The initial proposal was supposedly "budget neutral". With this new version, costs have been added into the system, supposedly funded from cuts in spinal hardware costs and cuts in ambulatory surgical center fees.
The initial proposal followed the release of a study by the The Lewin Group on introduction of RBRVS into the California workers' comp fee schedule.
The Lewin Group study can be found here:
http://www.dir.ca.gov/dwc/RBRVSLewinRep ... rt2010.pdf
Many physicians were highly critical of the first proposed fee revision.
The DWC walks a fine line here. There is enormous pressure to find system cost savings. Medical costs have been increasing significantly (along with loss control costs). Unless medical costs are under control, it's hard to see how indemnity benefits will be brought to adequate levels.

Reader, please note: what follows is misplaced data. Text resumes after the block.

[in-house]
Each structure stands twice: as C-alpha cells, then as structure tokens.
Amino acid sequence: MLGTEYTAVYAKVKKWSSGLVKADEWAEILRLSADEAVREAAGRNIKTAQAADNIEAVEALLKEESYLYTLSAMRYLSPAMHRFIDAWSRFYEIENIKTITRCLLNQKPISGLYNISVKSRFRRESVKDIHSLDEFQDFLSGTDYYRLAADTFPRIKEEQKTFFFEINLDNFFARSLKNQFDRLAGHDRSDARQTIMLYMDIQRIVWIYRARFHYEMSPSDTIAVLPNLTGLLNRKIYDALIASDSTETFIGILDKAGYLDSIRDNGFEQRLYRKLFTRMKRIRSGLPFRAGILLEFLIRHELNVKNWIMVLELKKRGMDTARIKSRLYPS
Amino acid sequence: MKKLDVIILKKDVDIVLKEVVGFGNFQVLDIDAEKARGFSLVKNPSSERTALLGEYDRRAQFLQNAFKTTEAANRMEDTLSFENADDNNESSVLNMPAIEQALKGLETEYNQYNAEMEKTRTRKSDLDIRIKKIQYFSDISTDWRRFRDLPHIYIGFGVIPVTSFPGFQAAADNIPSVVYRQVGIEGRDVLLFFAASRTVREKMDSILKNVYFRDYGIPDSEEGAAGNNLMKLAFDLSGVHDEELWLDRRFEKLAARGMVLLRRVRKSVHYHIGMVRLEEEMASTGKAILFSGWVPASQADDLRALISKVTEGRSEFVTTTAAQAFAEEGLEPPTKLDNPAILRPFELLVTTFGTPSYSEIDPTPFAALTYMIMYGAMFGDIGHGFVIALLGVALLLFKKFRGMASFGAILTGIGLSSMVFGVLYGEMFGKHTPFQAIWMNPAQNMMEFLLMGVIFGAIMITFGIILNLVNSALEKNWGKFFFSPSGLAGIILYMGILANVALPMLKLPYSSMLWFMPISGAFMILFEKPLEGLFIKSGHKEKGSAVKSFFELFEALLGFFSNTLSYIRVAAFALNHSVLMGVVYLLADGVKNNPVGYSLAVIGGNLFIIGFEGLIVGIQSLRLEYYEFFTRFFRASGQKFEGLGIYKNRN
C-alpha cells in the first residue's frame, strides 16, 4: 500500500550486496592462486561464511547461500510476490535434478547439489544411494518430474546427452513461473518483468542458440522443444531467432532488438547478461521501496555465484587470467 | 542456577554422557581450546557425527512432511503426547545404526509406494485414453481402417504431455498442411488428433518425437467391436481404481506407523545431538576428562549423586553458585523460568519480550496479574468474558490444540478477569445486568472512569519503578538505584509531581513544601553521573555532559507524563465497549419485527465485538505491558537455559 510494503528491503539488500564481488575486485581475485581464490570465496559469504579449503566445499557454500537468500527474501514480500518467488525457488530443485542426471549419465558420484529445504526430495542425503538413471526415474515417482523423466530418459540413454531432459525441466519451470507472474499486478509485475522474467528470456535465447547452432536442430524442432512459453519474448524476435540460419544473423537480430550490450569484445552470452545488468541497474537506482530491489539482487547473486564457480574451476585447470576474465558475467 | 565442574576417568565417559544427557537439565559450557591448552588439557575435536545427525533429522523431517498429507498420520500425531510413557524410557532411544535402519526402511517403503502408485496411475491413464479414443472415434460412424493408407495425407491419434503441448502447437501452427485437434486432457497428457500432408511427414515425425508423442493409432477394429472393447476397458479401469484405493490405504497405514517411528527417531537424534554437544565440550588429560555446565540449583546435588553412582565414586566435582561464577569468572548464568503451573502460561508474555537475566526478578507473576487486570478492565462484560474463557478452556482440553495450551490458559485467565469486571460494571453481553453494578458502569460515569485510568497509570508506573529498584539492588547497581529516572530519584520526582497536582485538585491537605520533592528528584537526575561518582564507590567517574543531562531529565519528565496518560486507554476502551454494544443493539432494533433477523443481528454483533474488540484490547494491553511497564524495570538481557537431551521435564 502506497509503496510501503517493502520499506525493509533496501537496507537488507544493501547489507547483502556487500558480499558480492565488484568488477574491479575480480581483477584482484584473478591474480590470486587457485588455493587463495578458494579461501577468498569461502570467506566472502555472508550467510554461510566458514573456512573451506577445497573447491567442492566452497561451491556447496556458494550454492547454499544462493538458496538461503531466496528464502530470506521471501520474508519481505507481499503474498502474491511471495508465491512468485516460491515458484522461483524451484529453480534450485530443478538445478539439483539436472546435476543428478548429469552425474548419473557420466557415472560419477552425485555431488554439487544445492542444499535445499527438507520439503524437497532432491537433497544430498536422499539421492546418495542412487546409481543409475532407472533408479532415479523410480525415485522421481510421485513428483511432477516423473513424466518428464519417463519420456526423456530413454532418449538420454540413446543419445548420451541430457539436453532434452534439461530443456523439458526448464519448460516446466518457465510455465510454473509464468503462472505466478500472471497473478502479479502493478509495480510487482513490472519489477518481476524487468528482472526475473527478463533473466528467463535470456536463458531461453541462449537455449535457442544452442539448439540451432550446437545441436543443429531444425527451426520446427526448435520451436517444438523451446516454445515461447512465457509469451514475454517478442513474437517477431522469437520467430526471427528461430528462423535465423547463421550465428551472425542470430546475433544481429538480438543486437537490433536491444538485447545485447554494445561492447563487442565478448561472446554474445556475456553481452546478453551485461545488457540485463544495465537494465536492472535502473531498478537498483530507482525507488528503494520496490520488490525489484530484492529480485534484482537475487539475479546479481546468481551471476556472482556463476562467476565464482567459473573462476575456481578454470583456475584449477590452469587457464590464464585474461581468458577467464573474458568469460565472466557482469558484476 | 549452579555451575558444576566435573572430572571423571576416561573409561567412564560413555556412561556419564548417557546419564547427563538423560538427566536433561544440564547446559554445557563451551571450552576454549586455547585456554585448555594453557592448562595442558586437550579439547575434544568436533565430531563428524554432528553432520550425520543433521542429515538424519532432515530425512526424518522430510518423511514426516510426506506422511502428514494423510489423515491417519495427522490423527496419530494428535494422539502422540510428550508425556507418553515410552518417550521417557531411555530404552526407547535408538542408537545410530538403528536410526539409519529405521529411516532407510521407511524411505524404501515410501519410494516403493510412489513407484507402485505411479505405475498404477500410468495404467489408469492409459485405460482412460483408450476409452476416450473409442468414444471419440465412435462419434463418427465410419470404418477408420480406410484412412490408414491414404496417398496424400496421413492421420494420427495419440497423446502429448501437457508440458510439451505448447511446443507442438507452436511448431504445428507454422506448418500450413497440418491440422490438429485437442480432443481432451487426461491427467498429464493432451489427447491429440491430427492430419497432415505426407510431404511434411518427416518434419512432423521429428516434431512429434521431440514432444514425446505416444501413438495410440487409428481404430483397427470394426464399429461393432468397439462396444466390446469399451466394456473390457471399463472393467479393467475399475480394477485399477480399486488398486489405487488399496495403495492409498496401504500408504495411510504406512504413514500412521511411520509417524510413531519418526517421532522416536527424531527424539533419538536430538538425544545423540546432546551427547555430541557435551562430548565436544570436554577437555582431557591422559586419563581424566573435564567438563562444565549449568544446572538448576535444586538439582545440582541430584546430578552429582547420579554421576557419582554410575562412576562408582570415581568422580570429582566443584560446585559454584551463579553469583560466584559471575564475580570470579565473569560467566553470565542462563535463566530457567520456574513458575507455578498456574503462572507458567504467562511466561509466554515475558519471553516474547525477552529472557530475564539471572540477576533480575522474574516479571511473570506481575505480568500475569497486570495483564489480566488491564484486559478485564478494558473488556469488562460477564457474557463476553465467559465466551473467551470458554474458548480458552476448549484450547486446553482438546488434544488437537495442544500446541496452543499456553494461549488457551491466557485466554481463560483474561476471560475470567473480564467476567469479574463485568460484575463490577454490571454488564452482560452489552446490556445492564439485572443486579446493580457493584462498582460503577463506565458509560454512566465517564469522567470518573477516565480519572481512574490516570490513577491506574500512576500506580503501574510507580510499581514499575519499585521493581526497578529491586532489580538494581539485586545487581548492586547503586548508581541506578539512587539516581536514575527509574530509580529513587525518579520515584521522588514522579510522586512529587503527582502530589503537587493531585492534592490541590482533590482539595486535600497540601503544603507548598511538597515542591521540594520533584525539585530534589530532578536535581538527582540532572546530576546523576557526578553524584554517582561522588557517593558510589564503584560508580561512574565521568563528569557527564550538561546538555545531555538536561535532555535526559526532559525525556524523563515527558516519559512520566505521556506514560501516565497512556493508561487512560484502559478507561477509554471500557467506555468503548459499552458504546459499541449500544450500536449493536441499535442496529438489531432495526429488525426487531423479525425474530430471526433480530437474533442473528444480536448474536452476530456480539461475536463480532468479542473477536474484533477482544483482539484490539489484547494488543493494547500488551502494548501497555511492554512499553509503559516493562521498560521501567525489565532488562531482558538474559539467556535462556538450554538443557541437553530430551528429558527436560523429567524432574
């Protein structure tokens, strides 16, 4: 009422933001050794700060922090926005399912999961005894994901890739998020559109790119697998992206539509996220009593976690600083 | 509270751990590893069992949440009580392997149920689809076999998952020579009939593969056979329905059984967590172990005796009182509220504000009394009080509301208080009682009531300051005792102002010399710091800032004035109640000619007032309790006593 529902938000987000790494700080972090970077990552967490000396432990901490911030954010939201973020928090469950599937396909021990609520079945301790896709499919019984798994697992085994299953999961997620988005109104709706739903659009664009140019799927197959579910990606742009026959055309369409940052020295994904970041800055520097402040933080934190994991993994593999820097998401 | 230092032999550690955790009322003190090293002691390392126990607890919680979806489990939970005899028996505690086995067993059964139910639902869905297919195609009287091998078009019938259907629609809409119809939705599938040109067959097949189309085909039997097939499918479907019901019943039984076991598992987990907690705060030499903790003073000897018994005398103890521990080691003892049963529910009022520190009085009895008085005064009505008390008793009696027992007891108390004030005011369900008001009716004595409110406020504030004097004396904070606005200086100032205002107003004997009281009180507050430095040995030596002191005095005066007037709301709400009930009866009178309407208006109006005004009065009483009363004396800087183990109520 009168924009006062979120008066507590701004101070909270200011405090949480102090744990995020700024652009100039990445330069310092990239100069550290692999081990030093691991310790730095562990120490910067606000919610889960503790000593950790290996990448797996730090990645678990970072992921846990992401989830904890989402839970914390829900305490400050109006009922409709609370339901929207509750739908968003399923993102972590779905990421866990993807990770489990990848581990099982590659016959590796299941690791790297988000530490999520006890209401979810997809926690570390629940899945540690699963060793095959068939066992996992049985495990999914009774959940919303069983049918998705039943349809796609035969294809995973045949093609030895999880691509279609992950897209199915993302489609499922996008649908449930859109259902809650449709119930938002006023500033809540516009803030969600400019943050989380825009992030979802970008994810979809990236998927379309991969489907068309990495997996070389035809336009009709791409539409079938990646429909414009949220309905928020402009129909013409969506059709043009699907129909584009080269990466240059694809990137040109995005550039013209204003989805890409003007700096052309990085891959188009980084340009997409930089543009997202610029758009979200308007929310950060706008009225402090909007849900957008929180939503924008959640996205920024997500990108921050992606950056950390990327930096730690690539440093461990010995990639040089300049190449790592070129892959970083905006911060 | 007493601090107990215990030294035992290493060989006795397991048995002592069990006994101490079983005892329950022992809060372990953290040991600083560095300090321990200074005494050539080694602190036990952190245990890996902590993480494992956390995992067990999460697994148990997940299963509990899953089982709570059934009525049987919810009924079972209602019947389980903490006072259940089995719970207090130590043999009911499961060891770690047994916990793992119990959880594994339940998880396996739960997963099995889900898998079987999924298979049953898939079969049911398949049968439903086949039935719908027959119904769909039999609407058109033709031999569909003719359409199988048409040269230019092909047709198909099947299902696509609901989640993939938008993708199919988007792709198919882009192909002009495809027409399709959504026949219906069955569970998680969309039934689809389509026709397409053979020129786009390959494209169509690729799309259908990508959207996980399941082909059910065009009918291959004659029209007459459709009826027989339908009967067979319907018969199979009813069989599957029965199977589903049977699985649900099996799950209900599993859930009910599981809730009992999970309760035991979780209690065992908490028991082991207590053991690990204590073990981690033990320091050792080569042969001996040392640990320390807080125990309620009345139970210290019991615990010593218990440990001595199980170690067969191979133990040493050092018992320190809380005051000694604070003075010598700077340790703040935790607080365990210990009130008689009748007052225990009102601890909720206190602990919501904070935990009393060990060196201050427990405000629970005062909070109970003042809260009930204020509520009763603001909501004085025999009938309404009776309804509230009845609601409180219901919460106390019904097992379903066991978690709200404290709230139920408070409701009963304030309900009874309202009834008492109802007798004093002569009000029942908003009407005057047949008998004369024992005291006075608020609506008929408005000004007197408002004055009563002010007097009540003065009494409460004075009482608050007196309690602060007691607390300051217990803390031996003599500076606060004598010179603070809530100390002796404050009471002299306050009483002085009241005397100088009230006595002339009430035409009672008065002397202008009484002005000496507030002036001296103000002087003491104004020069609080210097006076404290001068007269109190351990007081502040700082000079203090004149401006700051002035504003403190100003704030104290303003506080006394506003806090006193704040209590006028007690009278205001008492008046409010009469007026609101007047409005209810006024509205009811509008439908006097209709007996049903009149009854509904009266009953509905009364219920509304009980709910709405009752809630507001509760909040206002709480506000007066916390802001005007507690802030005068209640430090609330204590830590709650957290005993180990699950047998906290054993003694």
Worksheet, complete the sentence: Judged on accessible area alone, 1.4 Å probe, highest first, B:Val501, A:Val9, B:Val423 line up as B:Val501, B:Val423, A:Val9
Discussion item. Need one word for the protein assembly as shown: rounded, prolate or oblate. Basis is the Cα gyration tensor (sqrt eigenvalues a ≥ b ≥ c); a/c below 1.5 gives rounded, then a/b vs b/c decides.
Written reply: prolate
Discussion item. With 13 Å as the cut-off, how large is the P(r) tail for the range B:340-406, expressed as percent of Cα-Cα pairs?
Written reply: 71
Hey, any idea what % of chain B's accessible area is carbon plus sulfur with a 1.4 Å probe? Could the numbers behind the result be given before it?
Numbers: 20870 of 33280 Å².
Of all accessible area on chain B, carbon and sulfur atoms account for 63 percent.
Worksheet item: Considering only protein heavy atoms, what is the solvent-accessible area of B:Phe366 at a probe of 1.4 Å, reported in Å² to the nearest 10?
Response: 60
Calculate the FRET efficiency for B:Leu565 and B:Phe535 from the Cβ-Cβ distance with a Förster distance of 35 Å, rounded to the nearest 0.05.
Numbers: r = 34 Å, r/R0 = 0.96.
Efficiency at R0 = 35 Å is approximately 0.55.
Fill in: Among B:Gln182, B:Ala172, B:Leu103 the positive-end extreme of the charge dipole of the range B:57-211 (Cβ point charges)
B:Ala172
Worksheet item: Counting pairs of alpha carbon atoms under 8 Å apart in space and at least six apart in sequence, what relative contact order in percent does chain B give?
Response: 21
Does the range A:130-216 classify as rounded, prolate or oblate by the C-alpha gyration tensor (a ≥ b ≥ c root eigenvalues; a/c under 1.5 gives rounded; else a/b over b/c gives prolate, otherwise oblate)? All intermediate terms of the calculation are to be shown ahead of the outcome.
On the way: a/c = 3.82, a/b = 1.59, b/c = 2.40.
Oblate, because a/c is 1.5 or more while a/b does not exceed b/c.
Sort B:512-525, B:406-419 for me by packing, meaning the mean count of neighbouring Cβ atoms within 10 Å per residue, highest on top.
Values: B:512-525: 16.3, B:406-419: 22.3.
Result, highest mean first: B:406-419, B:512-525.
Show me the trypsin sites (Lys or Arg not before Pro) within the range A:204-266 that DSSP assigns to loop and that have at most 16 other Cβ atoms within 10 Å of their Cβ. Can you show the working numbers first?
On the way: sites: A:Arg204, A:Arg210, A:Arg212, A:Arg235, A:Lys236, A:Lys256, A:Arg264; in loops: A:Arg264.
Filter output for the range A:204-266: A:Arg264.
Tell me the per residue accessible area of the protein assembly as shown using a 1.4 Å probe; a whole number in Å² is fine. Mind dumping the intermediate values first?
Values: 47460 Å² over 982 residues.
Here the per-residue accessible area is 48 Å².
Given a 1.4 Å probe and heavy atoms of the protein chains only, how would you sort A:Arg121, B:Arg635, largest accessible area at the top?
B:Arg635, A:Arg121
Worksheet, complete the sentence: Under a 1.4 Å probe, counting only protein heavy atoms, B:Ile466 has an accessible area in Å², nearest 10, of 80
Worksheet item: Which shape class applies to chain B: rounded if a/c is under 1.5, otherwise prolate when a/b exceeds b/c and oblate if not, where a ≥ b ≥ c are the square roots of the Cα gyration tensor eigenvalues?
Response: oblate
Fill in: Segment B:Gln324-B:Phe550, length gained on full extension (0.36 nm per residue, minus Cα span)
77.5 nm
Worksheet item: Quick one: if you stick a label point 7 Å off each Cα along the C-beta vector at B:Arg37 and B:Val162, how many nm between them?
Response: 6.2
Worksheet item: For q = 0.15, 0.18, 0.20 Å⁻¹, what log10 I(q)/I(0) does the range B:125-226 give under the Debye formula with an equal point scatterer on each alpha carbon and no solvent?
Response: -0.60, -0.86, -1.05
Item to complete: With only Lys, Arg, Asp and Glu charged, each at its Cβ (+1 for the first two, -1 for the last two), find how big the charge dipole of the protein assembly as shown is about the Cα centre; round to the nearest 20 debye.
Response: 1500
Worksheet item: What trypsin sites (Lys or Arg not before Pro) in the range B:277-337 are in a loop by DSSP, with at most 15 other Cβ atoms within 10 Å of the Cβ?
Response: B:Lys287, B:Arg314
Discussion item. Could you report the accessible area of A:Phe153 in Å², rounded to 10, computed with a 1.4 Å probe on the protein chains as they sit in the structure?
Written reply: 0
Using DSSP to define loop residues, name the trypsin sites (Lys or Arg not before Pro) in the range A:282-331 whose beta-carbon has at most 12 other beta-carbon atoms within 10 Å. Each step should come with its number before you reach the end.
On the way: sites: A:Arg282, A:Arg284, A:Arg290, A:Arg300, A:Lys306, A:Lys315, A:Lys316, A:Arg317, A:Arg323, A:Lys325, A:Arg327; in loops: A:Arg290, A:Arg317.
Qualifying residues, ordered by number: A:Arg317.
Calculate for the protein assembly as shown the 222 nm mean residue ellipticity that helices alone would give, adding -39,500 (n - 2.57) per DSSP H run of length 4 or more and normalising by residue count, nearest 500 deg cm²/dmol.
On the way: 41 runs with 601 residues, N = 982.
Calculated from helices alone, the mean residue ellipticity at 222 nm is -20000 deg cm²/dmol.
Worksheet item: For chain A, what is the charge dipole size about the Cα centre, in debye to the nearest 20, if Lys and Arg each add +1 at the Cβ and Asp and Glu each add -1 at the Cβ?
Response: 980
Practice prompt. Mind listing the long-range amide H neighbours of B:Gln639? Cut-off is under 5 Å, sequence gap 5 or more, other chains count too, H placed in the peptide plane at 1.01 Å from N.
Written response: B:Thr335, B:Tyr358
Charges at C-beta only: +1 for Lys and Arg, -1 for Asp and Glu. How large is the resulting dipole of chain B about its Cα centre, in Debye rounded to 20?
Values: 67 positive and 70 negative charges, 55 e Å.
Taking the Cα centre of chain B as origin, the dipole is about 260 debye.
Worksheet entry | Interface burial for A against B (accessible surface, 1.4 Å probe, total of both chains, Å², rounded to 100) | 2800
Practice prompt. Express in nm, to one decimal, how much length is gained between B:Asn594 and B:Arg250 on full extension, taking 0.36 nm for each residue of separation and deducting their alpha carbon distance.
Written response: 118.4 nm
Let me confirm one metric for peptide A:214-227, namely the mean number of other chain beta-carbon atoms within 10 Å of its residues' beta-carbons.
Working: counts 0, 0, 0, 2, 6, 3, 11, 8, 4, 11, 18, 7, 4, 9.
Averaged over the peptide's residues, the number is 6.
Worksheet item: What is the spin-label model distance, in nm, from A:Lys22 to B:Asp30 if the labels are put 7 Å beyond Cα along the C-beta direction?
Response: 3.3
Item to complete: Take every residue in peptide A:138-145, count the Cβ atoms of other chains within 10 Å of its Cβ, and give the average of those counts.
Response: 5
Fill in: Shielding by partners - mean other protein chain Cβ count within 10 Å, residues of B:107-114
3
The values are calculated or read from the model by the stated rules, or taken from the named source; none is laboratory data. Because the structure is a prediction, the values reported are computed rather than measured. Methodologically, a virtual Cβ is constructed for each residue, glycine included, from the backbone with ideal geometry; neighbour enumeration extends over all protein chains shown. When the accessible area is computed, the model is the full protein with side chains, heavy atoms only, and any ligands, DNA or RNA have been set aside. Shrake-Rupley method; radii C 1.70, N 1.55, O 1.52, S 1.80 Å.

But there needs to also be attention to keeping doctors in the system.
My recent post, "To Treat of Not to Treat", examined this from the perspective of some of the doctors. The question raised was whether it was worth it for doctors to take workers' comp cases:
http://www.workerscompzone.com/index.ph ... 707-091110
The comment forum on the revision to the fee schedule is open til July 20th:
http://www.dir.ca.gov/dwc/DWCWCABForum/ ... hedule.htm
Here is a link to the comments posted so far (note: the DWC often takes down these links after the comment period expires):
http://www.dir.ca.gov/dwc/ForumDocs/Phy ... mments.pdf